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What Happens When You Put Three Top Chef México Contestants in a Bullring?

By Maggie Fuller

May 19, 2016

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Photo courtesy of Casa Dragones

The show’s premiere season is drawing to a close, but for the country’s food scene, things are just starting to heat up.

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When it comes to picking travel destinations, the way to my heart has always been through my stomach. I’ve often added places to my wanderlist based on ideas pulled from cooking shows. Anthony Bourdain is eating tagines in Morocco? I’m in. Top Chef contestants are wandering through street markets in Singapore? Take me there. So I couldn’t have been more thrilled to find a new show to add to my inspirational arsenal: Top Chef México.

It’s no surprise that the franchise picked Mexico for it’s most recent incarnation. Mexican cuisine has come a long way from the ubiquitous fajita combo plates at Tex-Mex chains. Just as regional Italian dishes like fresh-cut pasta all’Amatriciana overthrew questionably-authentic spaghetti and meatballs some years ago, Oaxacan moles and Yucatecan cochinita pibil are now taking the place of nachos and burritos (neither of which are actually Mexican) on menus around the world. In fact, these days, Mexican fine dining establishments are everywhere from Paris to Hong Kong and one is even on the list of the top 50 restaurants in the world. (That honor goes to Enrique Olvera’s Pujol in Mexico City.)

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And as viewers watching Top Chef México now know, it’s not just the world’s view of Mexican food that’s changing—the food itself is changing too. Inventive chefs, spurred in part by worldwide interest in organic foods and farm-to-table meals, have started blending classic European cooking techniques with traditional Mexican flavor combinations. They’re also elaborating on a long Mexican tradition of adopting non-native ingredients. (Pork, beef, chicken, and even cheese weren’t used in Mexican cooking until after Europeans arrived.)

Salas, Tanabe, and Quiroz

The first season of Top Chef México is about to end, but before the finale (which airs tonight), a few lucky travelers (myself included) were invited to a dinner hosted by local artisinal tequila brand, Casa Dragones, where we had the chance to taste dishes made by three of the leading chefs on the show: Matteo Salas, executive chef of Aperi in San Miguel de Allende; Irving Quiroz, pastry chef, author, and independent confectioner; and Katsuji Tanabe, chef/owner of Mexikosher in Beverly Hills and Season 12 contestant on the original Top Chef show.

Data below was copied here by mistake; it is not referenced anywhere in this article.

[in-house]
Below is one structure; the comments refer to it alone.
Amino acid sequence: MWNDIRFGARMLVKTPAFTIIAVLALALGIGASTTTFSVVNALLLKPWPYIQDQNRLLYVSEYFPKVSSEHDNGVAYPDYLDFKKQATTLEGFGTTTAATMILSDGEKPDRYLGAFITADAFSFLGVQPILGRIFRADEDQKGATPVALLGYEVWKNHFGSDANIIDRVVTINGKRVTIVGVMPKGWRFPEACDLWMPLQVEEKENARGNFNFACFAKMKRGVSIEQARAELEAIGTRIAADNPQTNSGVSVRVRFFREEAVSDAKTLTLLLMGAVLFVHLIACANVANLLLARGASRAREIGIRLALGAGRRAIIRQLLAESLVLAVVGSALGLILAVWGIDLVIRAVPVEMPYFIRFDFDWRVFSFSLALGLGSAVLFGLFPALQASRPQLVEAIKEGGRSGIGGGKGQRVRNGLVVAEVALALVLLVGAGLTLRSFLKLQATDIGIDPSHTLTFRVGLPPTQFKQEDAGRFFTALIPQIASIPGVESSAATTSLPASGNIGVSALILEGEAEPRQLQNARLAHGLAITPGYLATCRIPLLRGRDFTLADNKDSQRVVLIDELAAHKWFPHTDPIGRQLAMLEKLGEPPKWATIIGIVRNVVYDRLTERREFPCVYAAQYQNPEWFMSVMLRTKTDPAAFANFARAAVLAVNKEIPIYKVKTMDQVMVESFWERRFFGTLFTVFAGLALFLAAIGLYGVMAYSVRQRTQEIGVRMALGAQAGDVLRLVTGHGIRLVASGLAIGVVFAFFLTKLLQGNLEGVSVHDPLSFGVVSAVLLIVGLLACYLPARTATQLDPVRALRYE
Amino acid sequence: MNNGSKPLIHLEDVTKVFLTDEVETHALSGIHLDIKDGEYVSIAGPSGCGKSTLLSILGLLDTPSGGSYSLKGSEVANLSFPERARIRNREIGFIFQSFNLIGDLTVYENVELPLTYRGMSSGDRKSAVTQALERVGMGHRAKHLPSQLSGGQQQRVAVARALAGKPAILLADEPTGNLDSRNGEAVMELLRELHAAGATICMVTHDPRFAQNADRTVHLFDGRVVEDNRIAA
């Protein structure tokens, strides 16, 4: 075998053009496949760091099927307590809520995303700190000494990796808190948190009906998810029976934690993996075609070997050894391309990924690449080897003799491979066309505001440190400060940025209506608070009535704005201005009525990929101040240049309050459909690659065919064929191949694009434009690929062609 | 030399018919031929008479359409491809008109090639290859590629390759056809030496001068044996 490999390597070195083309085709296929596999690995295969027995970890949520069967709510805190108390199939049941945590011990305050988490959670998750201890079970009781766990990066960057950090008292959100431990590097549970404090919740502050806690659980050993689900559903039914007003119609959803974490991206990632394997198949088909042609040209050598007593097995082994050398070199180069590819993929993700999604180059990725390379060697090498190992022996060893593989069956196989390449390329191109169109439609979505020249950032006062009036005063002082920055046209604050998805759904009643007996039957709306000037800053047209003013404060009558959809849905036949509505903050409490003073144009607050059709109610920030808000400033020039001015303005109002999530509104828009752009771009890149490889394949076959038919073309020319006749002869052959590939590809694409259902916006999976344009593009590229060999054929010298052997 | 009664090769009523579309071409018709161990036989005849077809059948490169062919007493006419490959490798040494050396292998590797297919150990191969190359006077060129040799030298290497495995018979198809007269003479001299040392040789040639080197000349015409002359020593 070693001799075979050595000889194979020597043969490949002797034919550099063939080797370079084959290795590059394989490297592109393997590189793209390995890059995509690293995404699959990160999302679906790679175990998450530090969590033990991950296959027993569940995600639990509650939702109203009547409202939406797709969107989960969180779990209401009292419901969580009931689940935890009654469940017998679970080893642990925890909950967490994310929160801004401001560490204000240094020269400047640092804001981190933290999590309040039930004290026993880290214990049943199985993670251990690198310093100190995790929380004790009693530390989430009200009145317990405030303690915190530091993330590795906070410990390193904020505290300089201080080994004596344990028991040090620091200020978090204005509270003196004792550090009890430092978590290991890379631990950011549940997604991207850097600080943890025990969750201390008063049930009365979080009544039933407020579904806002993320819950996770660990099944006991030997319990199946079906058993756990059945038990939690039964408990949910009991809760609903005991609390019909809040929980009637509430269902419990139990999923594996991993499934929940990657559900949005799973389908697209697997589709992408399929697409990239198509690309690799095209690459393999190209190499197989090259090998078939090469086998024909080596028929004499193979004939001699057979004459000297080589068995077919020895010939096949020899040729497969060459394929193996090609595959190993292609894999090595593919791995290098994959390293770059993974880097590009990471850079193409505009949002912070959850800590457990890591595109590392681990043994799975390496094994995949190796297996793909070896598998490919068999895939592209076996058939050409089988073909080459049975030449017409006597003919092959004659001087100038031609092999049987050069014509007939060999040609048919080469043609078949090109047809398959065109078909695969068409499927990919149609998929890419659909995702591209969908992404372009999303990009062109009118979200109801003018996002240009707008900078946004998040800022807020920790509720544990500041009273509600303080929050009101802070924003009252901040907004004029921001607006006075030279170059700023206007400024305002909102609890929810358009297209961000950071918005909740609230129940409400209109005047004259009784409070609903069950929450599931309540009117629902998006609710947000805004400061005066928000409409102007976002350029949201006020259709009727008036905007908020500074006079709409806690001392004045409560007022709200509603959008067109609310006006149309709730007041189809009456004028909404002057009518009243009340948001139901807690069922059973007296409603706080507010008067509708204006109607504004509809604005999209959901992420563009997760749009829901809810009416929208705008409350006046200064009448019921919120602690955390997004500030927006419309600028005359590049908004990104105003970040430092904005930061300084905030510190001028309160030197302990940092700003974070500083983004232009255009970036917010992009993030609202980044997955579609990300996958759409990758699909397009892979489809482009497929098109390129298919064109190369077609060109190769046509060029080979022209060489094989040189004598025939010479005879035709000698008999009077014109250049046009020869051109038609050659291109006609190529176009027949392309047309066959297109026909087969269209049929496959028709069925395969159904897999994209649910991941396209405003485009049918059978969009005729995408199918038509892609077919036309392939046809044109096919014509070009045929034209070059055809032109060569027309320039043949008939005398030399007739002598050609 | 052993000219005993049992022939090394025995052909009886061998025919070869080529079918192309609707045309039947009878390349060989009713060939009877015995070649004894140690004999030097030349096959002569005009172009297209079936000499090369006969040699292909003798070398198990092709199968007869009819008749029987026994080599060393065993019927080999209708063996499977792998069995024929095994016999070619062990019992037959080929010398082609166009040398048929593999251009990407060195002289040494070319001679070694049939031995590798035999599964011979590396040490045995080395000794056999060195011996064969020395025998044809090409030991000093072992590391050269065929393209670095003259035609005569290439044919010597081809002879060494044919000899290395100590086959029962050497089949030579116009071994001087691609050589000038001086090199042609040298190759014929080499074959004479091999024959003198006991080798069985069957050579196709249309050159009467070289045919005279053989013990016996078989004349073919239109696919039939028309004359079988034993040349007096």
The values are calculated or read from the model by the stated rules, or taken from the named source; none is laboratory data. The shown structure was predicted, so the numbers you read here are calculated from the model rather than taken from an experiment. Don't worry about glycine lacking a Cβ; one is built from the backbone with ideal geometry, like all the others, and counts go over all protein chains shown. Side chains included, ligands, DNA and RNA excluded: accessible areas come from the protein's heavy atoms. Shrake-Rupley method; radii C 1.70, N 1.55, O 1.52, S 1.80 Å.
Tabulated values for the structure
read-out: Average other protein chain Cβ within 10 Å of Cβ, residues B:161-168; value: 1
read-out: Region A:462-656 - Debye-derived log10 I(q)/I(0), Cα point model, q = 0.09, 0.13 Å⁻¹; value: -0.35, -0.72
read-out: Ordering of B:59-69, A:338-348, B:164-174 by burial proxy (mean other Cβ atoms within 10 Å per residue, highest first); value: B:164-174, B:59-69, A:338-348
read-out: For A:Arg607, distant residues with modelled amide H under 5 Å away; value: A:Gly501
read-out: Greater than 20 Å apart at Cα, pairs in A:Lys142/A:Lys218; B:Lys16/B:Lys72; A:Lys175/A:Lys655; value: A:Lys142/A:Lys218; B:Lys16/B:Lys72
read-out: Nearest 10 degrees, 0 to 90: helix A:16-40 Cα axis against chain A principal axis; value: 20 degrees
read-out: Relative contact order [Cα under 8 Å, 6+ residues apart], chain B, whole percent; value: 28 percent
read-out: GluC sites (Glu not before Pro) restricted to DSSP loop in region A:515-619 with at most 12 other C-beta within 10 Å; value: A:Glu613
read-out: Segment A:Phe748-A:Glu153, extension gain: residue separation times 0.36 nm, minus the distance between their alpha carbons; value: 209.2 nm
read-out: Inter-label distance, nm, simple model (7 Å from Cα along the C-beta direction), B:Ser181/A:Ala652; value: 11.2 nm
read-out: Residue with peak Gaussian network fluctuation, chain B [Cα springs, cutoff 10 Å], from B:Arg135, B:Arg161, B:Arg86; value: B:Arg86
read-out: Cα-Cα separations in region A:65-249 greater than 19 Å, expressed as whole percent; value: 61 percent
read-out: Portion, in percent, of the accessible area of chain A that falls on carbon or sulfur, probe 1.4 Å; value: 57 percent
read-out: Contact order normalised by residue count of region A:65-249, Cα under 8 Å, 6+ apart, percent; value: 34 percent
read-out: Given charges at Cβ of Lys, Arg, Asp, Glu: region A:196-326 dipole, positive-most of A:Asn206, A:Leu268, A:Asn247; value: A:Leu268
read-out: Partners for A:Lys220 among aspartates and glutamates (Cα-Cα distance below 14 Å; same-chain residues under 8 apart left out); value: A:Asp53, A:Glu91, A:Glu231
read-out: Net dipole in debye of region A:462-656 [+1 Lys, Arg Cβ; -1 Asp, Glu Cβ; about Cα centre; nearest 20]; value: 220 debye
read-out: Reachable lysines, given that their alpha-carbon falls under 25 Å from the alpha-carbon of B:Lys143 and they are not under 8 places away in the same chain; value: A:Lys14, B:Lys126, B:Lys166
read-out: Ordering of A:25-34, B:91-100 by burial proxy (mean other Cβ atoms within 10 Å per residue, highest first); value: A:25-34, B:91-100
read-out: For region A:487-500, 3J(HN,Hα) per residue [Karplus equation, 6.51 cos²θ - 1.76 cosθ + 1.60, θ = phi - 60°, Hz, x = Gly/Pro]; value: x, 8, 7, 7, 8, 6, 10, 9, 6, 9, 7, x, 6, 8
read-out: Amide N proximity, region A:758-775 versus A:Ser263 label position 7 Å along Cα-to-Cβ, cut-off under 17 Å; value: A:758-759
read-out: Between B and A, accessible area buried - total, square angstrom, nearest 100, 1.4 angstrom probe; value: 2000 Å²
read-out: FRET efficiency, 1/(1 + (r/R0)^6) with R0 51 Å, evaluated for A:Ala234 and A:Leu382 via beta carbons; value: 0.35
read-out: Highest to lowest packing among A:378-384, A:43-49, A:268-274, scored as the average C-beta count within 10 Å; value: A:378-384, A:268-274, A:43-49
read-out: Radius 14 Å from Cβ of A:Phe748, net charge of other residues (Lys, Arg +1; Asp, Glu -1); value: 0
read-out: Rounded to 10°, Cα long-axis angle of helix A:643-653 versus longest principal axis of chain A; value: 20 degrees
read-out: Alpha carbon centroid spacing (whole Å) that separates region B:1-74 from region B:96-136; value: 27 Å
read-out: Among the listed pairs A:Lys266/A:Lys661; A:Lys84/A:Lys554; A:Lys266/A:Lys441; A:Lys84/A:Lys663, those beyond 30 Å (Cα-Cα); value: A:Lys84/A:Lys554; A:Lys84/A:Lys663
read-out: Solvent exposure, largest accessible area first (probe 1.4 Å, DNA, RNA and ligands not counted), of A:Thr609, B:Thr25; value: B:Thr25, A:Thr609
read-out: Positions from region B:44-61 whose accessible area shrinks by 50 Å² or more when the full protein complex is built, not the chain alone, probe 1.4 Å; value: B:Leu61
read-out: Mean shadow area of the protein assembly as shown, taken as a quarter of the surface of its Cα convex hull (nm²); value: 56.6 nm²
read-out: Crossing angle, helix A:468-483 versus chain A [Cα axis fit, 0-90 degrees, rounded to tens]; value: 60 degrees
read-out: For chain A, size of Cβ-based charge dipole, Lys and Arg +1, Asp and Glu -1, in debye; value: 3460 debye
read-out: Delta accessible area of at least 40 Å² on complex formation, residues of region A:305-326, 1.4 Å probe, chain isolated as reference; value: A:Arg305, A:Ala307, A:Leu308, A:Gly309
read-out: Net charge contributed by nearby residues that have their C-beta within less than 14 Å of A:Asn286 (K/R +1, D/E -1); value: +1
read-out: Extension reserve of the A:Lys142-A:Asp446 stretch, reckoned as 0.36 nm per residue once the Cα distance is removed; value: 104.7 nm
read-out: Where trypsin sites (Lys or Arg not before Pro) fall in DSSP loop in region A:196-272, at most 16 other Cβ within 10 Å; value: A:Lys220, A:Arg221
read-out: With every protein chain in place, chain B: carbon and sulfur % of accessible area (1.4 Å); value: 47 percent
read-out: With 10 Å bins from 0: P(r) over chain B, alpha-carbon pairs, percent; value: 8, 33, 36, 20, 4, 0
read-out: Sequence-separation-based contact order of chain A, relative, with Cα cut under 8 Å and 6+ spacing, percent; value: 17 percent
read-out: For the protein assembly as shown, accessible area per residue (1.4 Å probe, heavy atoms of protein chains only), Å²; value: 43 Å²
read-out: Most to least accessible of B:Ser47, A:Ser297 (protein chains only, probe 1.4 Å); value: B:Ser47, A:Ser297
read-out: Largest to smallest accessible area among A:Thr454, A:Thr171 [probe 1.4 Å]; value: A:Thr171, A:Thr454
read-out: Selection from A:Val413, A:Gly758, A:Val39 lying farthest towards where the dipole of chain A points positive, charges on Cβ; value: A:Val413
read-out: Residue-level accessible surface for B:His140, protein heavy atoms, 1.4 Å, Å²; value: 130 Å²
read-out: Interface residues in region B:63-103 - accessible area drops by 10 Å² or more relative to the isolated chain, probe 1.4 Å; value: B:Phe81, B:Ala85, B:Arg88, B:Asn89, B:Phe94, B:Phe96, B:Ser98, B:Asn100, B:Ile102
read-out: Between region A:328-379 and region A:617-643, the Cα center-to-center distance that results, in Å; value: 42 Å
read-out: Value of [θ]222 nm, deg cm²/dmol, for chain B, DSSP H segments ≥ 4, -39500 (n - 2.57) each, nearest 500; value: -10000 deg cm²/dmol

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As fans of the show know, Top Chef contestants are no strangers to cooking in unusual settings, so this dinner was held in a candle-lit bullring in San Miguel de Allende. The menu highlighted the kinds of creative and innovative combinations that we’ve seen on the show and the style of cooking that defines contemporary Mexican cuisine. The meal started with toast topped with sweet potato purée, shrimp escabeche, and caviar—a combination that gave a traditional Mexican technique (cooking foods en escabeche, or in vinegar) an upscale European twist. This was followed by artichoke hearts in fennel gazpacho with Parmesan cream, citrus, and radishes. These traditional European ingredients were all used in a distinctly Mexican way. Next came a jook (Chinese rice porridge) with sous vide tongue and a fish sauce caramel; that dish showed how similar Mexican and Asian flavor profiles can be and how beautifully they blend together. The whole meal wrapped up with a fusion dessert of ladyfingers, macarons, and sorbet that used local berries and was paired spectacularly with a glass of Casa Dragones' Joven tequila.

The night may not have been one of the show’s famous elimination challenges, but each plate would have wowed the judges had it been presented on a real episode. I was so impressed by what the chefs could do while dealing with the constraints of cooking in a bullring that their restaurants now have permanent spots on my wanderlist.

Hungry for more? Top Chef México’s finale airs on NBC Universo tonight, May 19th, at 9 pm EST, and subscribers can catch up with the full season online. Viewers who subscribe to Canal-Sony (only available in select countries outside of the United States) can already watch the full season and finale.

>>Next: How New York’s Mexican Speakeasy Got Back to Its Roots

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